Great replies for Saturday morning.
I think that like a stale beer, the financial foam will slowly evaporate along with cheap oil and abundant commodities in general. The main feature will be an economy increasingly starved for credit, the uncertainty of risk making money either too expensive or just downright unavailable. That's the collapse part and could take years or decades to play out. It might go with a bang or a whimper or both though I kinda lean toward whimper.
Unfortunately, things look exactly like that today. I don't say that as proof but in the way of trying to be aware that current situation might cloud my guess about the future. But, one of my first comments here was 'How long to prepare before the cost of preparing is too high?" Is that where we are now?
For example, we have big plans to raise the CAFE mileage standards in the US, yet the average age of the fleet is the oldest ever. Maybe we'll bounce back but forecasts were good at the beginning of 'both '10 and '11 yet last year disposable income was flat, debt at all time highs, real estate continuing to fall and labor income - the kind you actually work for - was anemic:
IN the eight decades before the recent recession, there was never a period when as much as 9 percent of American gross domestic product went to companies in the form of after-tax profits. Now the figure is over 10 percent.
During the same period, there never was a quarter when wage and salary income amounted to less than 45 percent of the economy. Now the figure is below 44 percent.
So, the bumpy plateau ride shakes the beer till the froth evaporates - then the decline.
The main difference between now and then... well, there really isn't much difference aside from degree. Declining actual production (or is it declining already?)
will make prices stay exactly at the point of economic stall speed.
The same lack of credit availability as we have now will make change nearly impossible for a majority. Assets with any value (housing, cropland) will be bought up by investors fleeing 1's & 0's - again, exactly like the FedGov is planning to do right now by privatizing bad REOs via public subsidies. Plastic chachka consumerism of course goes by the way as do more and more jobs and more and more savings and 99'ers' assets.
On the up side, manufacturing will return from wherever it's gone for lots of stuff, the downside of course is there won't be much demand for stuff. Globally, labor costs will continue
to become more equal and of course transport continue to be more expensive. Carbon and other tariffs may be implemented earlier in the name of climate change and later, protectionism.
One thing I'll point out is globalized trade might collapse faster than I previously thought. I saw a shipping index the other day showing rates from China are surprisingly low, this leads me to believe that shipping companies will operate at a loss as long as the can until they can't, when the rates then rise to a profitable level the trade goes poof. Here is the Harper index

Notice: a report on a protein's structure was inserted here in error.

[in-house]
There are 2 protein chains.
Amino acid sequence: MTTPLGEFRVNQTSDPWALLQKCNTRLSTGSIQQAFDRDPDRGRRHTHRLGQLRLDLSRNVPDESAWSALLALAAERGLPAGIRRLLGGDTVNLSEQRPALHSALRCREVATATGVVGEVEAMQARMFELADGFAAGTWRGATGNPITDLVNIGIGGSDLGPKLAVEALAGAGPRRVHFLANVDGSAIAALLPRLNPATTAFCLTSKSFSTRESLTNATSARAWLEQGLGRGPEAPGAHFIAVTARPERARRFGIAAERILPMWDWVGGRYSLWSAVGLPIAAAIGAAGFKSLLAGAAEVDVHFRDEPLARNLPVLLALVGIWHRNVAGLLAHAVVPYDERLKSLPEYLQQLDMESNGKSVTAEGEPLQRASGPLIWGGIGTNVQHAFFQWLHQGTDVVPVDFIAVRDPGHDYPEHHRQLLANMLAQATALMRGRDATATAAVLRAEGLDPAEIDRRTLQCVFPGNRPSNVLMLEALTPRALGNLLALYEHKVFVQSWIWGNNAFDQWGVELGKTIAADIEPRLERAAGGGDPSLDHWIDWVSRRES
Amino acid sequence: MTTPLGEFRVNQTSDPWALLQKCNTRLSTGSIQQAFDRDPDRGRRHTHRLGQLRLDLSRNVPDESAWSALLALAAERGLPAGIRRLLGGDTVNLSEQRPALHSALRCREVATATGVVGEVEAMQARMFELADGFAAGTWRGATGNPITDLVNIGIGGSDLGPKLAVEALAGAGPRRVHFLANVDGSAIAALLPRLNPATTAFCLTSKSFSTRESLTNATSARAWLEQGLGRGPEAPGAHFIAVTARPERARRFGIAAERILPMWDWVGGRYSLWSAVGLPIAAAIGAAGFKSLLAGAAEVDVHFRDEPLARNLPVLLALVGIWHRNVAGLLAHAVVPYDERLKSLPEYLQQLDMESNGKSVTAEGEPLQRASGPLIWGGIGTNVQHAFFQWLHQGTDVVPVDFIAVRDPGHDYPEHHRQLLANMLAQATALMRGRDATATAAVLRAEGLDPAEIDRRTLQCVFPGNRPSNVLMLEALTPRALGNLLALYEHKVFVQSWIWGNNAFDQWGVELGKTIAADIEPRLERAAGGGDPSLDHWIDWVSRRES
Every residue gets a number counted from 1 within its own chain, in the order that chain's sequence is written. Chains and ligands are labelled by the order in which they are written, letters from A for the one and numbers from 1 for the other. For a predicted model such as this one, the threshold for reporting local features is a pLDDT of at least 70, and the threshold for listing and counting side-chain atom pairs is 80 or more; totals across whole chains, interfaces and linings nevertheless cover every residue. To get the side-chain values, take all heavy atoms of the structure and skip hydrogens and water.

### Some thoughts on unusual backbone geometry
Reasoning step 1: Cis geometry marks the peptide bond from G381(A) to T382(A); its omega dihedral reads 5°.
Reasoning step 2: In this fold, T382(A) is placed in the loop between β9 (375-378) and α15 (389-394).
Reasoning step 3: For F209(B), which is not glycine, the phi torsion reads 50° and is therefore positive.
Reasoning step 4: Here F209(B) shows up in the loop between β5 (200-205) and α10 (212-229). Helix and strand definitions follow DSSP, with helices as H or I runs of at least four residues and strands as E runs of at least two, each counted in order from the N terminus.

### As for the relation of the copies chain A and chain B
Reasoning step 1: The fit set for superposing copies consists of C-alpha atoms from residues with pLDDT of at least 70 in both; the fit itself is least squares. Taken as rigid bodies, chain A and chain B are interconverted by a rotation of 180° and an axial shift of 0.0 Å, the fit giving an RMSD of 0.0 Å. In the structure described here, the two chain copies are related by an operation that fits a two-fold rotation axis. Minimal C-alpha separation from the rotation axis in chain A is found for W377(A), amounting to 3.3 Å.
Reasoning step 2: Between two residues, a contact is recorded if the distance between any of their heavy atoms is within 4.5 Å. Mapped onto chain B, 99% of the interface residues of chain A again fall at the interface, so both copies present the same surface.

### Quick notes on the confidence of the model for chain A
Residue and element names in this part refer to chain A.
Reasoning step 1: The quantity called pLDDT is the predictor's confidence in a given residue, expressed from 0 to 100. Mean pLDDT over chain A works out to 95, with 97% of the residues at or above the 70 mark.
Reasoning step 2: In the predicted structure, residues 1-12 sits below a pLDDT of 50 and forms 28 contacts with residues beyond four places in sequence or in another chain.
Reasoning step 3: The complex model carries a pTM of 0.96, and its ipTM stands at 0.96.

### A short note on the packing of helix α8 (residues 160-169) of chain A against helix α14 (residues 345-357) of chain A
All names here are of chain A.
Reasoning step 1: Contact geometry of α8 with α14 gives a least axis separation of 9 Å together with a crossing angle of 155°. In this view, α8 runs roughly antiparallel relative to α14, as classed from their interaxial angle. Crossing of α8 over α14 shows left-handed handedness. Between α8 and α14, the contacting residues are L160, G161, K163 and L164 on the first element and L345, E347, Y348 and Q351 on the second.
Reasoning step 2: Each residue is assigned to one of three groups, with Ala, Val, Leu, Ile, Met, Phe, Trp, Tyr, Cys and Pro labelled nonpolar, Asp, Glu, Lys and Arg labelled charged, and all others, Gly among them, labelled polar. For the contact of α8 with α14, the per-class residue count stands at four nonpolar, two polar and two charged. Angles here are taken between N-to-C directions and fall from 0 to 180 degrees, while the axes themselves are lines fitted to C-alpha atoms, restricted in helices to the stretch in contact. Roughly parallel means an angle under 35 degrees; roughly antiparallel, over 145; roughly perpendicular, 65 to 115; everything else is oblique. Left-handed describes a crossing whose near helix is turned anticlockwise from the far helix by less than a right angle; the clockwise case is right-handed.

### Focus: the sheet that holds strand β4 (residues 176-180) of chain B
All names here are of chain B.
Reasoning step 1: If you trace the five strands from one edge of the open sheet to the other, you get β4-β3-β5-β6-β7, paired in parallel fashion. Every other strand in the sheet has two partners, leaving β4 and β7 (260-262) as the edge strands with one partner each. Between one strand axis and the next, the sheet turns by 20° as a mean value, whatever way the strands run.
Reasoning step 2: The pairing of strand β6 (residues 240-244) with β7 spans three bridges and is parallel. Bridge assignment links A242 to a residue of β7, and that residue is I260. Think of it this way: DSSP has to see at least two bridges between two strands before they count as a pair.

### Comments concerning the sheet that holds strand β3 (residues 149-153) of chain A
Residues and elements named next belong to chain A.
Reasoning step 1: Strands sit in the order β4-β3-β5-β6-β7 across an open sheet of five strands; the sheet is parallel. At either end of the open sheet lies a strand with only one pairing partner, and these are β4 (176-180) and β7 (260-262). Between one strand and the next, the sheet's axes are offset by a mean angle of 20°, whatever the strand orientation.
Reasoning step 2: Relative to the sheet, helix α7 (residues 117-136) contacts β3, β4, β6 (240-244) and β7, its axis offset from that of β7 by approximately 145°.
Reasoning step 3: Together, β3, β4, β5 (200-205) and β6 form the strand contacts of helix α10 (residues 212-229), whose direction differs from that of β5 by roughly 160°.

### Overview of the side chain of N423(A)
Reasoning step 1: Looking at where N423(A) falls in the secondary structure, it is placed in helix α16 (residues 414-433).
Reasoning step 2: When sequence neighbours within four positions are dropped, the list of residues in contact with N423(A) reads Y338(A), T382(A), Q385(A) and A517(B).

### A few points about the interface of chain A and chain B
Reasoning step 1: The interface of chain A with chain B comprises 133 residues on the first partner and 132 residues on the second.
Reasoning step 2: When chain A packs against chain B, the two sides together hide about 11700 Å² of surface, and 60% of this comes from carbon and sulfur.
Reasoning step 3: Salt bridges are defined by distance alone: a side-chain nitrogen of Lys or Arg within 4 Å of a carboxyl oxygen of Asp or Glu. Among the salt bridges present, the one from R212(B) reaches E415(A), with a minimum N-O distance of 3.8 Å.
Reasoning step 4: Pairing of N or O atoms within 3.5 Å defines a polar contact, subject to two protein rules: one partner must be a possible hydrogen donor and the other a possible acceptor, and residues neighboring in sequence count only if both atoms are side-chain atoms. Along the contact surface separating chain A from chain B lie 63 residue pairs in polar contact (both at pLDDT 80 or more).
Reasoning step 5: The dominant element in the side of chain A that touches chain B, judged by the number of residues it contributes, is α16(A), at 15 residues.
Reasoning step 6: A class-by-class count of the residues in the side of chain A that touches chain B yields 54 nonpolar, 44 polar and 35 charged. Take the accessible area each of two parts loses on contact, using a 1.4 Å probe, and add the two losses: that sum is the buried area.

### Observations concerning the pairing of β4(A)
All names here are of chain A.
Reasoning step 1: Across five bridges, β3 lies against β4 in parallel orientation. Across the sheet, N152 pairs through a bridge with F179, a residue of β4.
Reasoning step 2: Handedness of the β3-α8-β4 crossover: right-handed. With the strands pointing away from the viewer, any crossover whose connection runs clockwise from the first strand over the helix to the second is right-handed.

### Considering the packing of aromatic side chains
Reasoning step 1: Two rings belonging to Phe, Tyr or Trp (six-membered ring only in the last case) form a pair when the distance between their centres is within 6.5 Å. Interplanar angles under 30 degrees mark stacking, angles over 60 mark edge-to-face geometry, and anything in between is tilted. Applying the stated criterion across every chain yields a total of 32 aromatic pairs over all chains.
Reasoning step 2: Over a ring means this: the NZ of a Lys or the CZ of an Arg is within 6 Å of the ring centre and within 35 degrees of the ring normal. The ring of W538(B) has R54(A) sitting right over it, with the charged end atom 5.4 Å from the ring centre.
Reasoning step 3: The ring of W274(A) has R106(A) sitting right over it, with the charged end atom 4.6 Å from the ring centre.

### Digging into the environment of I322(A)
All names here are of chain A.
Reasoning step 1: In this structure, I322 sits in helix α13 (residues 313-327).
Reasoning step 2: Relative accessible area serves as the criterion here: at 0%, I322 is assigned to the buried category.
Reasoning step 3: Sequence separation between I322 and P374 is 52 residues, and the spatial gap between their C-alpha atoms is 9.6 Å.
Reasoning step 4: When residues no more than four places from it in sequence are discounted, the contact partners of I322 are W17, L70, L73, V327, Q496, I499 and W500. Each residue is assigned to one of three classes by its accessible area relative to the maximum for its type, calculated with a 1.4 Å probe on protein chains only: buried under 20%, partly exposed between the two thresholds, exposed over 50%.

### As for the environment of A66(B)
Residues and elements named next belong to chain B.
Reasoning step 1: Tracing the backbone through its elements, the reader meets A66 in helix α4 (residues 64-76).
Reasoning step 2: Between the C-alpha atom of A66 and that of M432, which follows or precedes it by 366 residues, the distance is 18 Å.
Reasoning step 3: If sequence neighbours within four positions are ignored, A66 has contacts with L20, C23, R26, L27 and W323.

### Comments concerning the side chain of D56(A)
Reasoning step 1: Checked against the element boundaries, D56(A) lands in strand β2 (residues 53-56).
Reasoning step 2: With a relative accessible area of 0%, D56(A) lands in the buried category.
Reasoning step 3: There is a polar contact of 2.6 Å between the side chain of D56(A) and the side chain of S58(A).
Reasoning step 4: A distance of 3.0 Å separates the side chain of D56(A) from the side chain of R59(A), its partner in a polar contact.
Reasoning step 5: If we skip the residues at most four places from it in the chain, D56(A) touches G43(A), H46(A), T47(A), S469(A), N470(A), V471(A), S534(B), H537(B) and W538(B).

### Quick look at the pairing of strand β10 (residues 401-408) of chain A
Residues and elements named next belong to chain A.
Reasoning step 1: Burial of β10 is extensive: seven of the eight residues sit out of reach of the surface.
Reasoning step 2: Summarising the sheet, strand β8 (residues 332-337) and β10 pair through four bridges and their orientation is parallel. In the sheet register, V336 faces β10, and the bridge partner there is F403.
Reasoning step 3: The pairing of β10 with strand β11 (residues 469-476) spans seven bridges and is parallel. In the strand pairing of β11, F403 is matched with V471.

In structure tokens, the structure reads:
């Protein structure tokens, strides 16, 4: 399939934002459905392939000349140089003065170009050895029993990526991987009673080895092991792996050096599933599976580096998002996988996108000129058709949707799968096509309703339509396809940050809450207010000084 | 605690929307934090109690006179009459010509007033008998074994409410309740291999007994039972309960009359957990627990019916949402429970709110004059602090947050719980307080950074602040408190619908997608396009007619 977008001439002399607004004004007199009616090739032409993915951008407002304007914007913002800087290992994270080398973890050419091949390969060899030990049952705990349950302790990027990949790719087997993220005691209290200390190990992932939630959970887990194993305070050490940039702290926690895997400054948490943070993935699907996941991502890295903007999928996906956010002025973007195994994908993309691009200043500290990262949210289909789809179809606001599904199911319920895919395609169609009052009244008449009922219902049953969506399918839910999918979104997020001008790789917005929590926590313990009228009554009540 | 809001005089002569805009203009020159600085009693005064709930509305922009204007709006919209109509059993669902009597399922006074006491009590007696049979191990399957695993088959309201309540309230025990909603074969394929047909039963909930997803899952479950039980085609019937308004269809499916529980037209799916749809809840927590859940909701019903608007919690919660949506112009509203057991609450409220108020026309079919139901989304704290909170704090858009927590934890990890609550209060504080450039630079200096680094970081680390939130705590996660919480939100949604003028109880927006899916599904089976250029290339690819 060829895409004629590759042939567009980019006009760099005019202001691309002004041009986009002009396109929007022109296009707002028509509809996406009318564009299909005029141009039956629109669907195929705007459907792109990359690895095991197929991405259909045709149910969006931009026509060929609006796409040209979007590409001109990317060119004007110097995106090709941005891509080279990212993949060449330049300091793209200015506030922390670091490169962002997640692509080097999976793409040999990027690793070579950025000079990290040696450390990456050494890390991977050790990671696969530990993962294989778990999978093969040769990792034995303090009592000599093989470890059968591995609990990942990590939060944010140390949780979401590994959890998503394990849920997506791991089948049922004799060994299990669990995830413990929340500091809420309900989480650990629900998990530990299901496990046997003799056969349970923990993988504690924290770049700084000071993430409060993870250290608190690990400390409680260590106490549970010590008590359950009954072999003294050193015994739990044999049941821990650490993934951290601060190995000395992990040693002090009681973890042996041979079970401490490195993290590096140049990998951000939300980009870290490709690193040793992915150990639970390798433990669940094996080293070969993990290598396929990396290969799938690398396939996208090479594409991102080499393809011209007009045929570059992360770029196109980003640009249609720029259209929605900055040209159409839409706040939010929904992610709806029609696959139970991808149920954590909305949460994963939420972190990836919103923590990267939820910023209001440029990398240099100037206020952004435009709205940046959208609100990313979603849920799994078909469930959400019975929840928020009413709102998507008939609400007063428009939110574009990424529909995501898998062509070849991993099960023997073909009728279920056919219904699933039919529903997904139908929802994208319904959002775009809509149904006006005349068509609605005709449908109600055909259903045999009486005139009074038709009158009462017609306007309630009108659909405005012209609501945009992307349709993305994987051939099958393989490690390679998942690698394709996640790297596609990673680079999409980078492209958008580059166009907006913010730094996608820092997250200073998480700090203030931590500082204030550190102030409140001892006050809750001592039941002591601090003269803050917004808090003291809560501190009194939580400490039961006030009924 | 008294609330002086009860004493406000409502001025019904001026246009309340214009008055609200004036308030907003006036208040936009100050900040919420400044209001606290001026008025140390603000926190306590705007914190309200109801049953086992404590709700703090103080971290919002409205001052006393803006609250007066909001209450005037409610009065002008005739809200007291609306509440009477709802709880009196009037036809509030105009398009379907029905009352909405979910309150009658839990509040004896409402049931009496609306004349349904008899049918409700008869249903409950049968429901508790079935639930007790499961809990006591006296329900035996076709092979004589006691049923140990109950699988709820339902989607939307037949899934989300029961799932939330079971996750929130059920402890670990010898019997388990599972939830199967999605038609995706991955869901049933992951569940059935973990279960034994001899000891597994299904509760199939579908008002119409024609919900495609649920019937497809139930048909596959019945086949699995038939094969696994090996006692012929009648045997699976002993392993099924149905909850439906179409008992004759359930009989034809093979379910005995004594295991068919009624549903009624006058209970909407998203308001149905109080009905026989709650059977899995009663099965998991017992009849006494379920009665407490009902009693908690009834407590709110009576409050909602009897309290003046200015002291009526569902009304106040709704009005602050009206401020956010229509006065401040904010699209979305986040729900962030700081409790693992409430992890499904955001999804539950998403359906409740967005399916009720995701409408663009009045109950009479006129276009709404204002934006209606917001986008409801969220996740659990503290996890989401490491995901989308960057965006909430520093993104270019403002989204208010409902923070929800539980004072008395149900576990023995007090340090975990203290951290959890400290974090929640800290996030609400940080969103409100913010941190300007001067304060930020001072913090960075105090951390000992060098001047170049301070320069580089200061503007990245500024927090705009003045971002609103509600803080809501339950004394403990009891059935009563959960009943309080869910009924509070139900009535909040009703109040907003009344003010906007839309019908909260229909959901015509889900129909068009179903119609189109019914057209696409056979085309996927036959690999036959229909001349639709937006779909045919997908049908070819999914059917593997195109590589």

of container shipping prices:Bulk shipping of raw materials like Iron ore are plunging as well.
Even though Bunker fuel prices are at record high average levels:
Anyway, we won't be buying $10 Lattes or $2 waters any more and coffee makers that cost $10 now will cost $30 or $40 but at least we'll be making them ourselves. Local and regional manufacturing industries will slowly reemerge, the speed depending on how fast transportation, labor and infrastructure costs change.
Pre-car cities will essentially do the same things they did then, subdivisions will become more self contained as casual travel diminishes and they become essentially small towns - and small towns will revive, simply because driving to Wallys, soccer, school, malls, etc, 20 miles away just won't make sense so cheap properties beyond 30 miles out will again make small town business viable.
The biggest change then will be the economies of scale enabled by nearly free transportation and unlimited energy availability will be eliminated. Competition then will no longer be entirely about scale. As mobility decreases, credit evaporates and labor demand falls, just regular trades will return. How many loaves of bread would you need to sell to support yourself in such a situation? Obviously far fewer than you would now since now you must compete with pricing discounts available to a baker that measures daily ingredient input in tons.
Anyway, I have no idea of what the time frame is, I'm sure we're closer to decline than we were 5 or 6 years ago. Perhaps we are four years into the collapse already, or maybe we are on the cusp of another 20 year boom-cycle fueled by natural gas and fracking cheap oil.
After all things looked pretty scary in 1982 as I remember...